November 11, 2016
Are you mad! You are going to run how many kilometers? What are you trying to do? Kill yourself. Is your will ready..I don’t understand why you do this…These statements were running through my head as soon as I put off the alarm that marked the trip to the start line of the 89 Kilometers Comrades in South Africa. I had heard them way too many times after I declared my intention to run The Comrades.I trying something different(or is it stupid) as I turned 40.I remembered the initial days when I made the declaration but once the hype was gone, the reality of the daunting task ahead was all mine to deal with. Like they say, commitment means staying loyal to what you said you were going to do long after the mood you said in has left you. I had remained committed.
I had put in lots of training in preparation for the race. My first test was a 70 km long run that I did in December 2015 that took me a little under 7 hours. This was to give a mental boost confirming that I could go that far this was followed by a 60km run end of January,50 kms end of February, 56 kms at the Two Oceans Marathon and a last 50 end of April.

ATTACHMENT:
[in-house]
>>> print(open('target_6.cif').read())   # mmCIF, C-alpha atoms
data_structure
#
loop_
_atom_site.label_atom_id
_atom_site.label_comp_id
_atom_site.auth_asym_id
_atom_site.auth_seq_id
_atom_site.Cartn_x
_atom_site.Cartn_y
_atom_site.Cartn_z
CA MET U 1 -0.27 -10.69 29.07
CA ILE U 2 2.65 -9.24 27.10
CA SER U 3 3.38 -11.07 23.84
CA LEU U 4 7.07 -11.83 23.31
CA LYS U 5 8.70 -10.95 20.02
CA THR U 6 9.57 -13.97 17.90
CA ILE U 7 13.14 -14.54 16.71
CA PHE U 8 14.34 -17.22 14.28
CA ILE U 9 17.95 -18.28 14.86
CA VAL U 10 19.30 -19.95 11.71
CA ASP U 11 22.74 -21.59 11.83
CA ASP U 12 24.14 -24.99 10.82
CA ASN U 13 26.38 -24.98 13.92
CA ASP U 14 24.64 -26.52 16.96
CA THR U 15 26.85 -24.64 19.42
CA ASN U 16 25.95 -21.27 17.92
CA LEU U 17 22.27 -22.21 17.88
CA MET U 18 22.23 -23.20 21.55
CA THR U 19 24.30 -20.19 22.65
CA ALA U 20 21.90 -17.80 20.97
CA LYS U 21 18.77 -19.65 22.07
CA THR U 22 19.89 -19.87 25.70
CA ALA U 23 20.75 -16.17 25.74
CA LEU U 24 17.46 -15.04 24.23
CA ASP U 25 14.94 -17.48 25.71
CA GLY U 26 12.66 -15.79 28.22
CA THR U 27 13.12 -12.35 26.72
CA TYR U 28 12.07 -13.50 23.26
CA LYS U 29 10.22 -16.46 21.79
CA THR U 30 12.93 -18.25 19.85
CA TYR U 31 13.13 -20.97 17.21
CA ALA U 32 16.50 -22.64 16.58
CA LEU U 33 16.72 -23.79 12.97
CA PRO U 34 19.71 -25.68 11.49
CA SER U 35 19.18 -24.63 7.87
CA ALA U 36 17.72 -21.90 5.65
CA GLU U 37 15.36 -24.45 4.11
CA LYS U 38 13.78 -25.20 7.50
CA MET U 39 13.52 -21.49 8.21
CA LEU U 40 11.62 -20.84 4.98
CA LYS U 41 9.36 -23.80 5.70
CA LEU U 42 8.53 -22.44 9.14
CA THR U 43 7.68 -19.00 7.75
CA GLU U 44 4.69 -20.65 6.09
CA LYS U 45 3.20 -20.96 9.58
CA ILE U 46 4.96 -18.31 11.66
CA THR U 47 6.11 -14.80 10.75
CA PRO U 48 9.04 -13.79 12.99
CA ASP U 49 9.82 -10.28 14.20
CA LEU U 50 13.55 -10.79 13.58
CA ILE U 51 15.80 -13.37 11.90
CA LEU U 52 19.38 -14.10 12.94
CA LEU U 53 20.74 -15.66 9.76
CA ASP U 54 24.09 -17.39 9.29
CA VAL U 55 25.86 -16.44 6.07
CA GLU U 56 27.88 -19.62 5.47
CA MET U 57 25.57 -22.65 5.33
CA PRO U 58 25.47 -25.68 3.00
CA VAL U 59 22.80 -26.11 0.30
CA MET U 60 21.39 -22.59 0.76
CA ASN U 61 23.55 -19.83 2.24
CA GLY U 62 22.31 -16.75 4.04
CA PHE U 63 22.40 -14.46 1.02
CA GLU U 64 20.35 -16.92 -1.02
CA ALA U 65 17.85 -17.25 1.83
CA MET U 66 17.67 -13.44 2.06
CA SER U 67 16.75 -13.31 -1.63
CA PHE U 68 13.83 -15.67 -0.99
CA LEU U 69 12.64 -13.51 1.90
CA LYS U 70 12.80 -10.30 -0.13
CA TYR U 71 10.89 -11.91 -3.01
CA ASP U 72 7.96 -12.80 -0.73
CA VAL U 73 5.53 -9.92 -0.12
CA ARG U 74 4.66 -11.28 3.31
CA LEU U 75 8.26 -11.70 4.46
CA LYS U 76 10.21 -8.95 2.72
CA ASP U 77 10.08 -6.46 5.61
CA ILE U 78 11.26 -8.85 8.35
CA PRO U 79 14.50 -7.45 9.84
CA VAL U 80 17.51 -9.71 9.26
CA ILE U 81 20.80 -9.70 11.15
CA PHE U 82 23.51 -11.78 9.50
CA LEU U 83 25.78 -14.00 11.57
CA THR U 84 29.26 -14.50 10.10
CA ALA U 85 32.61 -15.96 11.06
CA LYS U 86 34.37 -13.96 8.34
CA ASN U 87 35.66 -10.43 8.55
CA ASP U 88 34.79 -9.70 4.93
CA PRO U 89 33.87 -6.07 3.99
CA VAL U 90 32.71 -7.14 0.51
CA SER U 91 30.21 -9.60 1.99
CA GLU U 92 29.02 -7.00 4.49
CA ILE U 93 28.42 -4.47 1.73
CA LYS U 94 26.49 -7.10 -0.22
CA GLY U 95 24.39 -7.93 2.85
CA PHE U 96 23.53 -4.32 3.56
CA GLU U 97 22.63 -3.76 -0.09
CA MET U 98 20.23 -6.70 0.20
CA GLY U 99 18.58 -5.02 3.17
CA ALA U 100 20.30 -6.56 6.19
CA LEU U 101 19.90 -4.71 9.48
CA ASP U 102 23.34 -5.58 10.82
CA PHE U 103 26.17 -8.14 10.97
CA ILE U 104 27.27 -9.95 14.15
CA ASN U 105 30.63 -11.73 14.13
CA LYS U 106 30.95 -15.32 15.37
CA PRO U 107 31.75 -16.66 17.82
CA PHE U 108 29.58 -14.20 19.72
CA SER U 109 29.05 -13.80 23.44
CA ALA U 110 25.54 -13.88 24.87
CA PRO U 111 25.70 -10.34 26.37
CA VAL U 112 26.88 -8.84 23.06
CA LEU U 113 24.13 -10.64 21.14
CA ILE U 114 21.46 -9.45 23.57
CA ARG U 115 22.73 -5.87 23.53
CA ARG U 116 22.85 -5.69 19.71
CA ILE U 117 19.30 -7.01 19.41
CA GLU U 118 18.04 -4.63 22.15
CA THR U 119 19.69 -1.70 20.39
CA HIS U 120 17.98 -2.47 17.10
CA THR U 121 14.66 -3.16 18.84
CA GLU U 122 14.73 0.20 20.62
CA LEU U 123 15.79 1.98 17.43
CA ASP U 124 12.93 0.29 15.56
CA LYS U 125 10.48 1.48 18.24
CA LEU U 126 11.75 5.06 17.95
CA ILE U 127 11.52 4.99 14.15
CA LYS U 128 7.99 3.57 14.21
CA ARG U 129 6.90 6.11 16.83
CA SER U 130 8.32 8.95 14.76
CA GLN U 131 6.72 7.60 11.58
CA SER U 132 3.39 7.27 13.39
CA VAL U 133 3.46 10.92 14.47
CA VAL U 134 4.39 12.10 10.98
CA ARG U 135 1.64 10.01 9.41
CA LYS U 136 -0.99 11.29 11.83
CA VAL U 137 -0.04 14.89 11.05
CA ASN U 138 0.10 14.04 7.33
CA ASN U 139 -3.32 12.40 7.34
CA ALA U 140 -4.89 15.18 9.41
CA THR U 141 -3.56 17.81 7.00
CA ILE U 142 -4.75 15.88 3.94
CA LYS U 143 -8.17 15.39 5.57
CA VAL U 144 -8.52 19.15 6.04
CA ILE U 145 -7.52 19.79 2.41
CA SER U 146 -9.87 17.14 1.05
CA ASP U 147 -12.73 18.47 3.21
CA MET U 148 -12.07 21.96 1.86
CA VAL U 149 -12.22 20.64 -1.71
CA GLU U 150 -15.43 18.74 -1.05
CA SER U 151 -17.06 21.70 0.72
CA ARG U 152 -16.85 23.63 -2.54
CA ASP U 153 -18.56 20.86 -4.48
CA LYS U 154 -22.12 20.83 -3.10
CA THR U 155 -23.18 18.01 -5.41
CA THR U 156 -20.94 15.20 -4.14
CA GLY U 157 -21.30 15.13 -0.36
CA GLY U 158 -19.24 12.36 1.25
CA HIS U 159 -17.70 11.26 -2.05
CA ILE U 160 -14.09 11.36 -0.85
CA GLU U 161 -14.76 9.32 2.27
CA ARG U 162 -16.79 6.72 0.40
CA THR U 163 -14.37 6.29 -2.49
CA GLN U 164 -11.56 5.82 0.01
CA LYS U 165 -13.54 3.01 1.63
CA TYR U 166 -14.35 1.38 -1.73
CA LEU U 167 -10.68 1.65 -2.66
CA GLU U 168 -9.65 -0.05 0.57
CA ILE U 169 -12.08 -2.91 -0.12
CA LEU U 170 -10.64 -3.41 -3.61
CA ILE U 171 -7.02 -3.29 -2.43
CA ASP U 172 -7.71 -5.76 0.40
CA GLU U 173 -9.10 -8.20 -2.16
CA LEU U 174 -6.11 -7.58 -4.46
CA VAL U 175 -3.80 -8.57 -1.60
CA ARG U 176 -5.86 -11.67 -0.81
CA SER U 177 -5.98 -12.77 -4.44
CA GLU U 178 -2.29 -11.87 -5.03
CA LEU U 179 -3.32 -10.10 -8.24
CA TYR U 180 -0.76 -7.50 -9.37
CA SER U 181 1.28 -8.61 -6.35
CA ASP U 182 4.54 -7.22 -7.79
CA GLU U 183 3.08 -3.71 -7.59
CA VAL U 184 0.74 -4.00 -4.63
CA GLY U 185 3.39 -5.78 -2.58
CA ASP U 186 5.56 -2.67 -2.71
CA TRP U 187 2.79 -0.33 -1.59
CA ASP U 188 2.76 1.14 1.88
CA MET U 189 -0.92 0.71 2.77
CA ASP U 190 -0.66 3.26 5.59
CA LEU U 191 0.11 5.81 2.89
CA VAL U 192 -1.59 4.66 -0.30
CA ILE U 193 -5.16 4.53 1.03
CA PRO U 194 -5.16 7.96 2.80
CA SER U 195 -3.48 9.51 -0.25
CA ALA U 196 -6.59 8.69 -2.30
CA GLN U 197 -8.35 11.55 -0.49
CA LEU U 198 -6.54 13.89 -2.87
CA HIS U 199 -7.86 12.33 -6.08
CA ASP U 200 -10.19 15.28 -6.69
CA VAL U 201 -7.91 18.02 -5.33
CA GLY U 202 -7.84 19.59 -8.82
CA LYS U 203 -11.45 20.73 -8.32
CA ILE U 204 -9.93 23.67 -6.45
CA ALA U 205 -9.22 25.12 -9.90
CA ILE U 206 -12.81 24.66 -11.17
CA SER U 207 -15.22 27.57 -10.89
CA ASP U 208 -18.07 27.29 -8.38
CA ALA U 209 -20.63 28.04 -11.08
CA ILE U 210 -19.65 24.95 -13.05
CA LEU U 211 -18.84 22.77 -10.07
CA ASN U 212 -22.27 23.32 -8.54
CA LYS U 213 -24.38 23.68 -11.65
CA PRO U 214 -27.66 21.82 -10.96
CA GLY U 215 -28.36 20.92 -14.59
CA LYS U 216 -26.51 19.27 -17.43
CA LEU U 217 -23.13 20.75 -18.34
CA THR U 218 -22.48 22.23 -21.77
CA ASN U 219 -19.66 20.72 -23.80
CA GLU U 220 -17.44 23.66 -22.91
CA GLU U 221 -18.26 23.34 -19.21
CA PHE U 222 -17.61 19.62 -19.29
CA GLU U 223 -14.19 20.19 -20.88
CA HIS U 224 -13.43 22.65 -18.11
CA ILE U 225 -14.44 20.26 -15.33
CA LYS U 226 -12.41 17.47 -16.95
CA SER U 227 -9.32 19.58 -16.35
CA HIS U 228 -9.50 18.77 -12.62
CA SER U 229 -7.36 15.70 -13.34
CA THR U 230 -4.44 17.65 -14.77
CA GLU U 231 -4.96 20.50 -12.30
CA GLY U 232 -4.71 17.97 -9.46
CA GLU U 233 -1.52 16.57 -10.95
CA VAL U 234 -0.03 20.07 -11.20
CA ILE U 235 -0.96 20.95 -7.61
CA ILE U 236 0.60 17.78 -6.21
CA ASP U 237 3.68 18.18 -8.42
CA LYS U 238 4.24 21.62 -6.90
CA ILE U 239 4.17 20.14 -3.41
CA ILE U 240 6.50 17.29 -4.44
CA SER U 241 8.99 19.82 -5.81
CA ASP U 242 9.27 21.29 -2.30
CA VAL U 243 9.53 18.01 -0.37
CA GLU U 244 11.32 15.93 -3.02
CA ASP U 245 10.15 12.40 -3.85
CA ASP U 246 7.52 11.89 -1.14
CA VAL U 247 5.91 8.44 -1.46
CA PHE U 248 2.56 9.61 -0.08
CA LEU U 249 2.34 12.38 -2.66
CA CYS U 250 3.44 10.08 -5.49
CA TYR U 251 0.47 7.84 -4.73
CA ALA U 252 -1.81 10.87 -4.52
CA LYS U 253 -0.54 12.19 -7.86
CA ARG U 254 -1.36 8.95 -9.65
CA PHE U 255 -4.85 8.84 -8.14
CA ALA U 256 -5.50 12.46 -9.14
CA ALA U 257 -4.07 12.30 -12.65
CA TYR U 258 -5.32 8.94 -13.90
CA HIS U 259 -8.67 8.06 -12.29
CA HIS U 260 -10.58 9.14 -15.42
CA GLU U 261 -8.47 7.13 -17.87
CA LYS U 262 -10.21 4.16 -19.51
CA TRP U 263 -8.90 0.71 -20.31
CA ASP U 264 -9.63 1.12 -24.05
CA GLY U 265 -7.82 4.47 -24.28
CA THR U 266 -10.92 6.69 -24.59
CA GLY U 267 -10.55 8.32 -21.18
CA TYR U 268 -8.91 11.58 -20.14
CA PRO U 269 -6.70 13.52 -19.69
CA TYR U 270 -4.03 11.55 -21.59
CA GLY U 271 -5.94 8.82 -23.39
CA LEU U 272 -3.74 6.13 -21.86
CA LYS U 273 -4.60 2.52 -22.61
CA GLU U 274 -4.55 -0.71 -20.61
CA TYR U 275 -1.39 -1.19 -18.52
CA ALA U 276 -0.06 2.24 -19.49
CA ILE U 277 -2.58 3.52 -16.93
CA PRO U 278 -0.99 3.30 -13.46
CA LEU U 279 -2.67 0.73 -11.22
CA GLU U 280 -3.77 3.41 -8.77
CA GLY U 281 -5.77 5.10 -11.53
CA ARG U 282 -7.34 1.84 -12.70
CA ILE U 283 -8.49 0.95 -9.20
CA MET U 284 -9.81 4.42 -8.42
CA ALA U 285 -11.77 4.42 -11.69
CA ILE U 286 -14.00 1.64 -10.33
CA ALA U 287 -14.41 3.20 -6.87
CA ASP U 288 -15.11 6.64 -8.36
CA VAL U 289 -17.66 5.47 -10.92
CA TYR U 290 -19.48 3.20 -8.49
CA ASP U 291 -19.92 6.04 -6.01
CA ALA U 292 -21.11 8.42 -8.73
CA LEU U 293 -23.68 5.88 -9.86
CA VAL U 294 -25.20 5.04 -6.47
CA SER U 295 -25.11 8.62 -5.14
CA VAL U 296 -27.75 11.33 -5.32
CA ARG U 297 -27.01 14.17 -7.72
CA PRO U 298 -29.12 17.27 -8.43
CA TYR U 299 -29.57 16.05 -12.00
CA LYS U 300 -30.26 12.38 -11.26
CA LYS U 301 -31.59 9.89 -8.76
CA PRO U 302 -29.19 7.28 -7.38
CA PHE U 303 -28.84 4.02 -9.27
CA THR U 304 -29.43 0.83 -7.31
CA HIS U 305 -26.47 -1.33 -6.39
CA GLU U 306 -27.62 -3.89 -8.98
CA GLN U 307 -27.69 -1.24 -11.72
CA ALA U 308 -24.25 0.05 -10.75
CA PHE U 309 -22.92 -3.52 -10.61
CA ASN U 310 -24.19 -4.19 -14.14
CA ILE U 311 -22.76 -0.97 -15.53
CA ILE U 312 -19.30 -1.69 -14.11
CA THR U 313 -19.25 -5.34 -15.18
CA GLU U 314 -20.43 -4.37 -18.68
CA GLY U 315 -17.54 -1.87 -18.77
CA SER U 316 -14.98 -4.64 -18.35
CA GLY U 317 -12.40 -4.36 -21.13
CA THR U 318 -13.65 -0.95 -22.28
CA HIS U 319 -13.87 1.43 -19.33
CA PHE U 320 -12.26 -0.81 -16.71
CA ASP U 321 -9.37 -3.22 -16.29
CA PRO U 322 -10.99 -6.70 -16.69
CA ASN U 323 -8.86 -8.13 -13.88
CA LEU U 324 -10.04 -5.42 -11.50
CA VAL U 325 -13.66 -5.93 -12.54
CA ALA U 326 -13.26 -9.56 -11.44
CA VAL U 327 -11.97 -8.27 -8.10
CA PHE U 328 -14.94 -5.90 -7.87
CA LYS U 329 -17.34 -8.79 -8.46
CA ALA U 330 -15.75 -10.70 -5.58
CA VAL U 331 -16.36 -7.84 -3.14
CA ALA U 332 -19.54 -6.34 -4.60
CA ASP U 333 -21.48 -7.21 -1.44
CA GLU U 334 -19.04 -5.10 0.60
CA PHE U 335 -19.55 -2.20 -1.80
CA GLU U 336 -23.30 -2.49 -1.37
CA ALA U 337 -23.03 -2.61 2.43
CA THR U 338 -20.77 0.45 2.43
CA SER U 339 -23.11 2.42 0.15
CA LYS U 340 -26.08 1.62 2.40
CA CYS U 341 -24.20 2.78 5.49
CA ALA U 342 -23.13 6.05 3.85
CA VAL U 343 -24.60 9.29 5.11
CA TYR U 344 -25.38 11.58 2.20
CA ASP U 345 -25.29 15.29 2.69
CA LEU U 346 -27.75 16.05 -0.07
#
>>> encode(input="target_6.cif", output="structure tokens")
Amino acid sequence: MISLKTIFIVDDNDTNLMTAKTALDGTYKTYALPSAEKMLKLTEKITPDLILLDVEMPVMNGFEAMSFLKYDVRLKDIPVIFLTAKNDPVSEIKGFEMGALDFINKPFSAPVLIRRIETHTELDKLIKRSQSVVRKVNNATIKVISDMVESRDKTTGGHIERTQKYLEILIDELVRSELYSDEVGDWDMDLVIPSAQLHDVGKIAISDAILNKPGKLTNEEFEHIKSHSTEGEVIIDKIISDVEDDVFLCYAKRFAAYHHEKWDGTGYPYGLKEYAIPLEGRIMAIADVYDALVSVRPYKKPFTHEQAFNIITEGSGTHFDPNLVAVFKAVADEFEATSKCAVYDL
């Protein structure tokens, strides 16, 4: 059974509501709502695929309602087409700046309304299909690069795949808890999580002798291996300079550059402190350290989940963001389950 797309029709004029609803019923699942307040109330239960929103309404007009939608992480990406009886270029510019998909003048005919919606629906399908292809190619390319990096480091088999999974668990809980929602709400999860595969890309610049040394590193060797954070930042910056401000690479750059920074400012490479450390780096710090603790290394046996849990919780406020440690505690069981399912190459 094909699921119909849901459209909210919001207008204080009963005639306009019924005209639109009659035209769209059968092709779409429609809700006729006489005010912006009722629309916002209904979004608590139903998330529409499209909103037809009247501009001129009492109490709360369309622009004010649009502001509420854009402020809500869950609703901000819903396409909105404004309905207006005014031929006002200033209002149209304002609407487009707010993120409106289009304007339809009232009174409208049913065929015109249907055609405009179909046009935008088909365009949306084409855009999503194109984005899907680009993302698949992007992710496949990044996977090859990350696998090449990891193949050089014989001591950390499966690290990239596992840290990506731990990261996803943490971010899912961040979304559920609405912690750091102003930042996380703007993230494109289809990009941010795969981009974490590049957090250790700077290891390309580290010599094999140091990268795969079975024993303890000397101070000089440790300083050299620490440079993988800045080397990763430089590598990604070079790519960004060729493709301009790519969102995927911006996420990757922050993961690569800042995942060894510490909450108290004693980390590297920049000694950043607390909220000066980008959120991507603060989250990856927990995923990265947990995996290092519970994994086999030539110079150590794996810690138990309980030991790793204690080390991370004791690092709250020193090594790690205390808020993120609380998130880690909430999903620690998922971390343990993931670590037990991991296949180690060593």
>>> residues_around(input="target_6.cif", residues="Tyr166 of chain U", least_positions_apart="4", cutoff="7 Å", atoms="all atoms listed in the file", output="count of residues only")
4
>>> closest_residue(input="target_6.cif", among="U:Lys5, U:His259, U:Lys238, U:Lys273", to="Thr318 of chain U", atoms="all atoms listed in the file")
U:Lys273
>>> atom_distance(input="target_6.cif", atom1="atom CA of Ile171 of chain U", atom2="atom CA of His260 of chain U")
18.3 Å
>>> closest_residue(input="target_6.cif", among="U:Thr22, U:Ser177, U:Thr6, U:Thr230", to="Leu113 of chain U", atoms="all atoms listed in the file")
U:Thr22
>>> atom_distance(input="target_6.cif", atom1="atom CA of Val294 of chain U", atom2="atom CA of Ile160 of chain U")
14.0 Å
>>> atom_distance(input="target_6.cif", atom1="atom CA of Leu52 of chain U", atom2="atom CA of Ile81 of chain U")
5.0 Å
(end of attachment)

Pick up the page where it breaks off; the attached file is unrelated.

This year 2016, the run was from Pietermaritzburg to Durban…what they call the down run .We had been warned that at some point we would be forgiven if we thought that they were lying when they called it the down run. The route was full of torturous hills.
I had read lots of information and tips about the race and had decided to follow every tip that could possibly contribute to my completing the marathon. I wore my underclothes inside out-they had said that the seams could cause serious chaffing over the distance causing bleeding. For the same reason we were to apply Vaseline (petroleum jelly) between toes, groin under arms and in between our backsides. I hadn’t run comrades before, who was I to argue or ignore the tips. I generously lubricated the areas, dressed, said my prayers, had a quick breakfast put elastoplast on my nipples and boom-I was set.